Queen's Theatre, Adelaide

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Queen's Theatre, Playhouse Lane

The Queen's Theatre is a building of historic importance in Playhouse Lane, Adelaide, South Australia. It is the oldest intact theatre in mainland Australia, but was predated by Theatre Royal in Hobart, Tasmania.[1] It was not the first theatre in Adelaide however, that being Samson Cameron's short-lived Royal Victoria Theatre on North Terrace which opened on 23 November 1839.[2]

History[edit]

By the early 1800s, live performance was increasing in popularity in Australia, although no entertainment venues existed to house performances. In the 1830s, both Sydney and Hobart received two theatres, the first in the Australian colonies.[1]

Only four years following settlement of South Australia in 1836, attempts to build a substantial theatre in an increasingly prosperous Adelaide were made, with a declaration by the South Australian Register stating "...Mr Solomon, of Currie Street, is about to make an important addition to the quarter of Gilles Arcade, by the erection of a spacious and handsome edifice which he ends to fit up as a theatre".[1] It was built for Emanuel Solomon (1800–1873) and his Sydney-based brother Vaiben Solomon (1802–1860)[3] in 1840[4] for £3000[5] with seating for over 1000 people[6]. The project had dire predictions of failure from the press[7] and opened with Othello on 11 January 1841,[8] the manager John Lazar in the title role, to "mixed reviews".[9] The Southern Australian's prognostications proved correct. Public appetite for entertainment had waned with the Depression brought on by Governor Grey's fiscally responsible regime following the prosperity of Governor Gawler's rule, when huge sums were invested in public infrastructure. After months of losing money, Lazar dismissed his company and converted the seating to something more appropriate to public meetings,[10] and some use was made of the theatre for public meetings and lectures, but did not renew his lease.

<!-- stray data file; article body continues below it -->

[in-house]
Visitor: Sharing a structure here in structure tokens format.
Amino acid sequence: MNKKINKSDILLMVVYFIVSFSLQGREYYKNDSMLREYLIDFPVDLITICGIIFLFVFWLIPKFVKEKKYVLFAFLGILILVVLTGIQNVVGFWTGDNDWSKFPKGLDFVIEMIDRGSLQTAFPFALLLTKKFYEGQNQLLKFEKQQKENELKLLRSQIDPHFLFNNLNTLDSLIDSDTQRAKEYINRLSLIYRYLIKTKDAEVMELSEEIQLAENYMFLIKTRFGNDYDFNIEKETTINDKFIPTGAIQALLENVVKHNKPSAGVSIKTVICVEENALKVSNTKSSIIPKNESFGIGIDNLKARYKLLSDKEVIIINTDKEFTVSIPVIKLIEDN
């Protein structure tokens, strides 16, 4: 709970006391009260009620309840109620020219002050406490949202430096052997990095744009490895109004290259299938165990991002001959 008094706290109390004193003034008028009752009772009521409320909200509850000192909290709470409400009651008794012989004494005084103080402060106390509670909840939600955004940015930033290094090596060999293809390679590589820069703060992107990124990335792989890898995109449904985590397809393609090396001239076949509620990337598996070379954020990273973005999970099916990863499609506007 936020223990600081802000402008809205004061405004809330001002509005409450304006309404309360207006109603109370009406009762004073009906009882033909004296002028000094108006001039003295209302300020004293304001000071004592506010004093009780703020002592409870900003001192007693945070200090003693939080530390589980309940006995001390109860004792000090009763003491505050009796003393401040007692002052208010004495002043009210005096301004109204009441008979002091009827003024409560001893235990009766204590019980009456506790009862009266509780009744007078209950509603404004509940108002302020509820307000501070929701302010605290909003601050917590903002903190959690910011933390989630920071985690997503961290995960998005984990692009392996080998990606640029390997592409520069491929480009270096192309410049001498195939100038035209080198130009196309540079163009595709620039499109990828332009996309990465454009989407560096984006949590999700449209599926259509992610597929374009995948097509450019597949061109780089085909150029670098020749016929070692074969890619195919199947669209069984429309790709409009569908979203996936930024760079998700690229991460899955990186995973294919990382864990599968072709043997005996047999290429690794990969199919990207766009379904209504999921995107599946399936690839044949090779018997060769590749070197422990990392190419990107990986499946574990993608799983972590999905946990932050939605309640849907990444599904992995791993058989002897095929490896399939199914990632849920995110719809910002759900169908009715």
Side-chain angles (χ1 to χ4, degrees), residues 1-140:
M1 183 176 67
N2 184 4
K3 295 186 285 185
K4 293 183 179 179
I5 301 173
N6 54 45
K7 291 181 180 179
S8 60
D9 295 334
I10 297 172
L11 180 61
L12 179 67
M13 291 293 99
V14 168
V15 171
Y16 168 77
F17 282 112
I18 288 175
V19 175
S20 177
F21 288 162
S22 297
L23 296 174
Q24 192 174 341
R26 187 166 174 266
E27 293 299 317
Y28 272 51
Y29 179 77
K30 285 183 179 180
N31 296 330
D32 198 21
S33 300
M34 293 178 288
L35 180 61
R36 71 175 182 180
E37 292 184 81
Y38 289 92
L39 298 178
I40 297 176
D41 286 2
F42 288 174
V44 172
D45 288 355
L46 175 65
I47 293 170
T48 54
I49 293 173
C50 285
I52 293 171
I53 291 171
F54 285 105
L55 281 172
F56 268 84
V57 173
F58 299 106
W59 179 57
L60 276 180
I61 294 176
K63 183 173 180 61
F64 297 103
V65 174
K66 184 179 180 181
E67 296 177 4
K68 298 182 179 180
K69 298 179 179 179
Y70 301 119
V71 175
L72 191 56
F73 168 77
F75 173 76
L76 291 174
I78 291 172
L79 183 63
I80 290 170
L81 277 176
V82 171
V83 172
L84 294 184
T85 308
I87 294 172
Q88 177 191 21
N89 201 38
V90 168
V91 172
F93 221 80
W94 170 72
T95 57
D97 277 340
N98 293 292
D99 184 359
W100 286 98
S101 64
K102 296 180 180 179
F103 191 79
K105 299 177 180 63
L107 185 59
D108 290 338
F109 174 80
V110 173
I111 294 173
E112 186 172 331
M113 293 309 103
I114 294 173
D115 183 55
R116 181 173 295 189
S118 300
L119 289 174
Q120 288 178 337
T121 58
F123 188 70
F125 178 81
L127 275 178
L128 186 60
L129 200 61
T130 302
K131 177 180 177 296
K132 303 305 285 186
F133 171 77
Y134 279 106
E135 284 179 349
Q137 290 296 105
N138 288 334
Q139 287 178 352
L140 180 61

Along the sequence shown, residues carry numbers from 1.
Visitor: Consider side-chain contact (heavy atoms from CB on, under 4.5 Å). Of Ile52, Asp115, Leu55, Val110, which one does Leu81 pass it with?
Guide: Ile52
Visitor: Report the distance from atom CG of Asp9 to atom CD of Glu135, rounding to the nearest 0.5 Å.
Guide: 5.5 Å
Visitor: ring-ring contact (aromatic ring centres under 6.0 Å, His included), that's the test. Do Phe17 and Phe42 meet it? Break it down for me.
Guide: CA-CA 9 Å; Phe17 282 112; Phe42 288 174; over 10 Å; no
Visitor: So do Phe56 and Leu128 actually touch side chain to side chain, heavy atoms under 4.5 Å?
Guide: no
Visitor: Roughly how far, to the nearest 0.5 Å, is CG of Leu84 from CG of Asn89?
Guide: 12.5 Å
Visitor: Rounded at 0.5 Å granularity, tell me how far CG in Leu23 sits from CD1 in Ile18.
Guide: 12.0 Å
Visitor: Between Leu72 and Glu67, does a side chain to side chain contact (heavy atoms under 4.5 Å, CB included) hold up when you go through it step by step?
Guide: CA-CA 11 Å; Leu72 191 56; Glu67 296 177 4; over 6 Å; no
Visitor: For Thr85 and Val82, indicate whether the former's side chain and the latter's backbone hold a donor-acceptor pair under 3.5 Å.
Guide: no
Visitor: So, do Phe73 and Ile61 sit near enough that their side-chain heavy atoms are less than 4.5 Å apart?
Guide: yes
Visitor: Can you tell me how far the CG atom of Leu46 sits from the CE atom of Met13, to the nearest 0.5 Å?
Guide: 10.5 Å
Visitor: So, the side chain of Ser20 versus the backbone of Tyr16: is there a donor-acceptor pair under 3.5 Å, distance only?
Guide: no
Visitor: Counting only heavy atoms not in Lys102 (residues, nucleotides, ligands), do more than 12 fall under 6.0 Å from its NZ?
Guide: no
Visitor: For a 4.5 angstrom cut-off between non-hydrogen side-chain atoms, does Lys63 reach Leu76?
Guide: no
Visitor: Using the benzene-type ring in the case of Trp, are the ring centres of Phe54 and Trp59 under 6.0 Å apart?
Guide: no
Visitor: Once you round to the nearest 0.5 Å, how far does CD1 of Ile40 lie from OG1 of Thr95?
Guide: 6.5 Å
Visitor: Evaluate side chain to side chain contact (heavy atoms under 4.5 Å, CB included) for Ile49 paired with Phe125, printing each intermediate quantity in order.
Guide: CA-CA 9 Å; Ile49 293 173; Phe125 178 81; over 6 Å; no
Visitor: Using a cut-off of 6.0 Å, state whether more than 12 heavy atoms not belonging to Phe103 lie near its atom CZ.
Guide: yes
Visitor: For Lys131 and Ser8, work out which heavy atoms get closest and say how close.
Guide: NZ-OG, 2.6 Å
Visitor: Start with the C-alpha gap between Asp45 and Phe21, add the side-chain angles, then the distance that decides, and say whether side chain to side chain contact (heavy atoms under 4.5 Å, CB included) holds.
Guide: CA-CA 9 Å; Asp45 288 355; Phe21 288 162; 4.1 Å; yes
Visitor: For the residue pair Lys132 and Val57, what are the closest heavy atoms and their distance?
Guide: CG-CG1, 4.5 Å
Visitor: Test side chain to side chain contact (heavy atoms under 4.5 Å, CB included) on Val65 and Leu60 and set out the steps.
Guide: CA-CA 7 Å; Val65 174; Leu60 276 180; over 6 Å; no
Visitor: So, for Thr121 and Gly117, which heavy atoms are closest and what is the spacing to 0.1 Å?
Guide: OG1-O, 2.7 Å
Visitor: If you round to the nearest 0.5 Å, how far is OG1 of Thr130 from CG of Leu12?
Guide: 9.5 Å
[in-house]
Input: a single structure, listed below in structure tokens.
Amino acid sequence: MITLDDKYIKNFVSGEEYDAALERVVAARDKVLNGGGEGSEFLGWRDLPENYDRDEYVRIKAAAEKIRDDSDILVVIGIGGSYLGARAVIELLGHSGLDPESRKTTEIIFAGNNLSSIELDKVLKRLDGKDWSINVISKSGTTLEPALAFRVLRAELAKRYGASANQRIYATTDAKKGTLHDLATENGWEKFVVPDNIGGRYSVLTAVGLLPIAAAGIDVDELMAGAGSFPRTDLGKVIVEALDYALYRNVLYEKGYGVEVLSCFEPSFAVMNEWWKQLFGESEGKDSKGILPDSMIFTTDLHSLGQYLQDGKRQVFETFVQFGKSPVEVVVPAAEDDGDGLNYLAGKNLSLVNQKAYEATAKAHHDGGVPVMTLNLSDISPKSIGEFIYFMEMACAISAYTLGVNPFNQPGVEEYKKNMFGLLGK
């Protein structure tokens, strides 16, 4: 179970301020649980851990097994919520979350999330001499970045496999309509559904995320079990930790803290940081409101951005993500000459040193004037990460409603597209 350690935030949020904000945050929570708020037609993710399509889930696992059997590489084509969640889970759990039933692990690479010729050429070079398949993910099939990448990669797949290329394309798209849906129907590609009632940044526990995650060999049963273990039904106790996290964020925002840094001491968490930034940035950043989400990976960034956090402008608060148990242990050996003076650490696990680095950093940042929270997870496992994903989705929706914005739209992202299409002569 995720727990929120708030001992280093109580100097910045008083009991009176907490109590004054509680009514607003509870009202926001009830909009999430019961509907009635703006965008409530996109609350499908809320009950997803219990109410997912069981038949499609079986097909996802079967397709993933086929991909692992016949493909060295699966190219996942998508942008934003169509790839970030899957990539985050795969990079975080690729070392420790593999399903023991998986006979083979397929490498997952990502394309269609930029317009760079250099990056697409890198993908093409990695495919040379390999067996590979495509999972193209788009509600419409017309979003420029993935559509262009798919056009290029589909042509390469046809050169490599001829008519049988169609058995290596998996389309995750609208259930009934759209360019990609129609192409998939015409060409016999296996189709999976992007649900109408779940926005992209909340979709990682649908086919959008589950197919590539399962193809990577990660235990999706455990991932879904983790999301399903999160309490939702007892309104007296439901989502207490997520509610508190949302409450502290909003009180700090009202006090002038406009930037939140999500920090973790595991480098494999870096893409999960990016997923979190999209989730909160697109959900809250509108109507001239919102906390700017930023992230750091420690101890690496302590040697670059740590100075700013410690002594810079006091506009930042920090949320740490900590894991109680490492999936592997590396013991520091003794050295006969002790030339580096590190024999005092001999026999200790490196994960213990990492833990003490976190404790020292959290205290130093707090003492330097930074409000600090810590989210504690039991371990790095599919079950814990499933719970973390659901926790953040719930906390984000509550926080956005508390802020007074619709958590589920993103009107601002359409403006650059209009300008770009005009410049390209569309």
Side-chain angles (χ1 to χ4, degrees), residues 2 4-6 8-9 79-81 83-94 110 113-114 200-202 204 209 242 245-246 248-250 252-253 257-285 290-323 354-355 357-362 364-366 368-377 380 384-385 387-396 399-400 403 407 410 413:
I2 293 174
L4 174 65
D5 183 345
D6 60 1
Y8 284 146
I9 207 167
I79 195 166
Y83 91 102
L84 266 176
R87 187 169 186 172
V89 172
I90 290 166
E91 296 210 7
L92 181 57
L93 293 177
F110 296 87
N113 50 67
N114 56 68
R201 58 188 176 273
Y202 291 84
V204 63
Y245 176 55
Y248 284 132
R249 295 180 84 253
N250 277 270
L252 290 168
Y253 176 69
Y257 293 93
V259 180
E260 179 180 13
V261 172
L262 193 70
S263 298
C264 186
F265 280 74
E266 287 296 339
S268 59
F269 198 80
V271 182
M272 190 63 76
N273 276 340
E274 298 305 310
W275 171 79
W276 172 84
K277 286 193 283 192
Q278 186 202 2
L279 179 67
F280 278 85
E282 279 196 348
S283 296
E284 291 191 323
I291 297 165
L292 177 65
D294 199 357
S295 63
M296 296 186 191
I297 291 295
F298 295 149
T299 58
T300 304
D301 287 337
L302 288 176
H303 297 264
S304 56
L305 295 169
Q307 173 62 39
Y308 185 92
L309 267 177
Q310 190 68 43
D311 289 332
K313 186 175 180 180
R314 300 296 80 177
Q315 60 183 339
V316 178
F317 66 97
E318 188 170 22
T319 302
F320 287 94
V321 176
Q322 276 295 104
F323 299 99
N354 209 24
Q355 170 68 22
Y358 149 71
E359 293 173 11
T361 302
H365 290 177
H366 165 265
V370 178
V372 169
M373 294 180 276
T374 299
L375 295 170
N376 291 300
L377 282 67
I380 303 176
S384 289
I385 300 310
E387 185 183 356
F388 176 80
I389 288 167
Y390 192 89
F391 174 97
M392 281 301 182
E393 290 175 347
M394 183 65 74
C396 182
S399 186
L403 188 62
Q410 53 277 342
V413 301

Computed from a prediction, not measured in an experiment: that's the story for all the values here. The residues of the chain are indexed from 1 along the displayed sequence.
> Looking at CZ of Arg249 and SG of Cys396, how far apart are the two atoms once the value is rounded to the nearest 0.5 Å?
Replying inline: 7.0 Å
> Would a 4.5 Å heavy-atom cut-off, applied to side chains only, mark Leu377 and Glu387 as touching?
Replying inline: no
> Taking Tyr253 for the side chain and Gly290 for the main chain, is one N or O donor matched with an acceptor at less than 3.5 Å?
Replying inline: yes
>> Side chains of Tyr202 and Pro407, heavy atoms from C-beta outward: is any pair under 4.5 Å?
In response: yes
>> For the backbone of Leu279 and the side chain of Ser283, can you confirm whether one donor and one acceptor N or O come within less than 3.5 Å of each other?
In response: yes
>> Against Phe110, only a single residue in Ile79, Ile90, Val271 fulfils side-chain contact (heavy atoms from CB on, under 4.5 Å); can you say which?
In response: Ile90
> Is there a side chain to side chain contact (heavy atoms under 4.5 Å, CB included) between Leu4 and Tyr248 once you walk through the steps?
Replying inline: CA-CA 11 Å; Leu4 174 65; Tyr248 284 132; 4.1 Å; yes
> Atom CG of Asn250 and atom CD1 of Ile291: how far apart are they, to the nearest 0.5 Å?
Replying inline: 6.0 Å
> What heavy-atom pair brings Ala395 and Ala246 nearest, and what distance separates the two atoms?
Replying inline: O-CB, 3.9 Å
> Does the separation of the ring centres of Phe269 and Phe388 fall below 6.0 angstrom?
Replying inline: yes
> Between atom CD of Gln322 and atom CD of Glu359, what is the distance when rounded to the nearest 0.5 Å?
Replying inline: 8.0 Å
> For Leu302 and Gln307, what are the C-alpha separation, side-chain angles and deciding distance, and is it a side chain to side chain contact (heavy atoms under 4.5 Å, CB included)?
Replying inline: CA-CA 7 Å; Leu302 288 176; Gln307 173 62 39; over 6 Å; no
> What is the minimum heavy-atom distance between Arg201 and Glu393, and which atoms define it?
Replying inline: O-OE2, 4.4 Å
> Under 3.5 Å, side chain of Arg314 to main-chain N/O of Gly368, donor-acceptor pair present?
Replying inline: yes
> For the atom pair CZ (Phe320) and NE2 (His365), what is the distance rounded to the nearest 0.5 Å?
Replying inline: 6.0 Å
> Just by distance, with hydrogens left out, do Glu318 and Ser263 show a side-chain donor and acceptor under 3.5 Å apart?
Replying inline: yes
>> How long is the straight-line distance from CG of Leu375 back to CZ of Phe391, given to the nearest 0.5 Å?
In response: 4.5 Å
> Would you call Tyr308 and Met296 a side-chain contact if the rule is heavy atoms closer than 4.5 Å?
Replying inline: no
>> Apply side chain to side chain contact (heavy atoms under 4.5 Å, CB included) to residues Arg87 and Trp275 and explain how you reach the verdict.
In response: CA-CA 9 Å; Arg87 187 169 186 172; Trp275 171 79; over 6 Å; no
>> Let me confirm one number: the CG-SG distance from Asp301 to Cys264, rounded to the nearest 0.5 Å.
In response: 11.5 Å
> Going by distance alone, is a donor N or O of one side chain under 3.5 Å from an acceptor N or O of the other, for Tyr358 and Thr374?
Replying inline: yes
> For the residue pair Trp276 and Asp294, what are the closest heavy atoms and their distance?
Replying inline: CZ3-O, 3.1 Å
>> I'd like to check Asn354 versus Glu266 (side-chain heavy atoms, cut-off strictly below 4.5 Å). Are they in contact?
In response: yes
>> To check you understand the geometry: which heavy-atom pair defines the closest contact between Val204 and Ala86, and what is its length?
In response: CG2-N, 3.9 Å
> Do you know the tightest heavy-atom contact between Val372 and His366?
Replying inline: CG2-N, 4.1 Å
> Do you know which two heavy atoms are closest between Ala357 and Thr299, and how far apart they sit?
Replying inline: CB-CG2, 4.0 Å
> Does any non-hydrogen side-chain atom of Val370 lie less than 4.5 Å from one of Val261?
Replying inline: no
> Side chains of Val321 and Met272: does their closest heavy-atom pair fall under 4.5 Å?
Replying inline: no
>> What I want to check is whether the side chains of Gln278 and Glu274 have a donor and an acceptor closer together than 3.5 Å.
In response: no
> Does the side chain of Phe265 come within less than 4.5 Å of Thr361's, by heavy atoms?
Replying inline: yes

Solomon offered the government use of the theatre gratis if they would prohibit the building of further taverns in the vicinity (his Shakspere Tavern,[11] subsequently named Temple Tavern, was adjacent). This was rejected, but in 1843 the government signed a contract with Solomon for three years' rental at £200 per annum for use as Resident Magistrates Court, Supreme Court and offices for the Registrar General, the Advocate General, the Assistant Crown Solicitor and Assistant to the Bench of Magistrates.[12]

Between 1846 and 1847 Solomon, whose nephew Judah Moss Solomon (1818–1880) was an occasional partner, attempted to sell the theatre and tavern by lottery, but it was never fully subscribed so he refunded to the punters their stakes.

It reopened, re-using the name Royal Victoria Theatre, under the management of John Lazar and George Coppin, on 23 December 1850.[13]

In 1861 it closed for refurbishment and substantial remodelling, and reopened in July with A. J. Solomon the new lessee and Robert MacGowan the stage manager[14] of what was Adelaide's only theatre until the opening of the Theatre Royal at 28 Hindley Street on 13 April 1868,[15] which spelled the demise of the "Victoria".

It then became successively a dance hall designated the "Prado",[16] the headquarters for the City Mission,[17] a horse market[18] and other commercial uses, and finally a car park.[19]

Recent development[edit]

The partially restored interior, now used as a performance space, during a History Month tour in 2014

The building was purchased by the South Australian Asset Management Corporation and transferred to Heritage SA in the 1980s. Excavation revealed historically significant remains and numerous artefacts.

The Queen's Theatre was reopened as a performance venue at the 1996 Adelaide Festival of Arts, with a performance of The Magic Flute by Opera Australia. Following essential refurbishments, it was reopened for the launch of the 1998 Festival of Arts by Robyn Archer.[20]

The theatre is now used as a performance space and function venue, but with stringent conditions intended to preserve as far as possible, the old character of the building.[21]. The Queen’s Theatre is now managed by GWB McFarlane Theatres.[22].

New Queen's Theatre[edit]